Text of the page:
She ends by saying,
“In my own way, I had touched the people at McDonald’s, my husband, son, instructor, and every soul that shared the classroom on the last night I spent as a college student. I graduated with one of the biggest lessons I would ever learn: unconditional acceptance and love for all.”
We all are meant to love each other, and this is where goodness steps in automatically. When we are open to both giving and receiving goodness, the Universe sends us miracles and makes us spread miracles all the time. Life is a series of miracles, after all.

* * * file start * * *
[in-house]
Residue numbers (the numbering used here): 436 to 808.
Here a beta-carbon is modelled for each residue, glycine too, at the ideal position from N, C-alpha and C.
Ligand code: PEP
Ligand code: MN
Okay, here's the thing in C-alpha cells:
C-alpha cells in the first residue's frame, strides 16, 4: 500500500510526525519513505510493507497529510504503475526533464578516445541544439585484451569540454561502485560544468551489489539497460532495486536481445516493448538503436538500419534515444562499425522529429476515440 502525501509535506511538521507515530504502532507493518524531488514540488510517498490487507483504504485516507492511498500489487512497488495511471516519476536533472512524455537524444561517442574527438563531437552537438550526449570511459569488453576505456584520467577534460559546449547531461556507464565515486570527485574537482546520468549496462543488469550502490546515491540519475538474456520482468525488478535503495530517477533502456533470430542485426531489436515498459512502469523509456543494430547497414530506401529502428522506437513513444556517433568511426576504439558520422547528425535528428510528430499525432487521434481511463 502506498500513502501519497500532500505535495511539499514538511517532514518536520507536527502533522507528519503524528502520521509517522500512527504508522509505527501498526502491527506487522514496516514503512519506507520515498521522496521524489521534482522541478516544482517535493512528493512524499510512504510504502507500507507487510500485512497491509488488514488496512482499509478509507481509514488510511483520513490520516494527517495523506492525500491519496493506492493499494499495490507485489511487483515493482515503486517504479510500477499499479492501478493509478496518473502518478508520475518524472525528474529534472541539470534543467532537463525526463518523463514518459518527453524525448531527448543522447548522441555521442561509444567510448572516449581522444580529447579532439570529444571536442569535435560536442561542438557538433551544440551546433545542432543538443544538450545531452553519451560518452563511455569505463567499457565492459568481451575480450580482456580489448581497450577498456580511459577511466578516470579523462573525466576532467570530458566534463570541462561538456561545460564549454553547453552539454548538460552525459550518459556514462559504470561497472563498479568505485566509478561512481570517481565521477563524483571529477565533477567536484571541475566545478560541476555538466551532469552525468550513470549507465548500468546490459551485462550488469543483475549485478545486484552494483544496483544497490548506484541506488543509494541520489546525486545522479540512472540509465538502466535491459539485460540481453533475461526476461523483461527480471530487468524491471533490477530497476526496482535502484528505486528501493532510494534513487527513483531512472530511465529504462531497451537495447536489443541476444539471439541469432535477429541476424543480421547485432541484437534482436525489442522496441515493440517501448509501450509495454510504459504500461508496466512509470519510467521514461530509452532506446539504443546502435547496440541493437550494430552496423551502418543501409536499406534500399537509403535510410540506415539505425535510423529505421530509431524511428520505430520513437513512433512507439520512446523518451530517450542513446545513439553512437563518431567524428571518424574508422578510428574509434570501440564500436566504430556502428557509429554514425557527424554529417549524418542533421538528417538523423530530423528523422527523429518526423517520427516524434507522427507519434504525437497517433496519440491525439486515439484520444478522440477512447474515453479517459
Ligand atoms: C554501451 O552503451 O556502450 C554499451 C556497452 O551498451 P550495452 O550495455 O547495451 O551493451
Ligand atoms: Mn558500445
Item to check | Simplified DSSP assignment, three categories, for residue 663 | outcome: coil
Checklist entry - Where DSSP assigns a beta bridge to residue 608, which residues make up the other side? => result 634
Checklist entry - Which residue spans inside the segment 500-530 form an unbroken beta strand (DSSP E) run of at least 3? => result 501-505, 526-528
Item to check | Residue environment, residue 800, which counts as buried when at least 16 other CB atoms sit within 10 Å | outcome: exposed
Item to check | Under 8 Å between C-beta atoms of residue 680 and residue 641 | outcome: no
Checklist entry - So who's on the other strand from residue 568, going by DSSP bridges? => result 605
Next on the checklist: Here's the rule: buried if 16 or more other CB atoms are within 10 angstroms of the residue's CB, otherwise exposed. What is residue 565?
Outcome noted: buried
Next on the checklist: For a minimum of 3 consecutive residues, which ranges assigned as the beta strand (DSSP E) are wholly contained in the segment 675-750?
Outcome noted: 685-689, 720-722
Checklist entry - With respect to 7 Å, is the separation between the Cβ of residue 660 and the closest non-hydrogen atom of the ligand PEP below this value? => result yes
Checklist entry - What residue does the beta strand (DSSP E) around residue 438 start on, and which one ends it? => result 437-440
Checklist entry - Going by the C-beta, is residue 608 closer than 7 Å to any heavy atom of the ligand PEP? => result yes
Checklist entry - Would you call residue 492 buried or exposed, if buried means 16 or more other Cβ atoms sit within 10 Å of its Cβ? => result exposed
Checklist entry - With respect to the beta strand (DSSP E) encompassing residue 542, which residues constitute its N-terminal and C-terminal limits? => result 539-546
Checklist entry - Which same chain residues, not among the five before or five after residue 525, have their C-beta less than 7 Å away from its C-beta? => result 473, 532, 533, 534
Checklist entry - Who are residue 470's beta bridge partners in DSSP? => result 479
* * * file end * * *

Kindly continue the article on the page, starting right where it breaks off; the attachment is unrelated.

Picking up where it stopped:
Toolkit of Goodness
• Be open to friendship.
• Treat everyone as a human being, without any other tags attached to them.
• Spread love and kindness.
• Think of all the acts of goodness which you can do to be a player in the goodness of life.
• Accept and be grateful for the acts of goodness that the Universe is sending us all the time.
In an age where many people are deriding the efficacy of goodness, I am happy to be working amidst people who believe in just the opposite. By so believing, I have indeed attracted a lot of good people in my life, whether one calls it the Law of Attraction, the Secret, or the ancient law of karma. This indeed is applicable to all of us in the journey of our lives.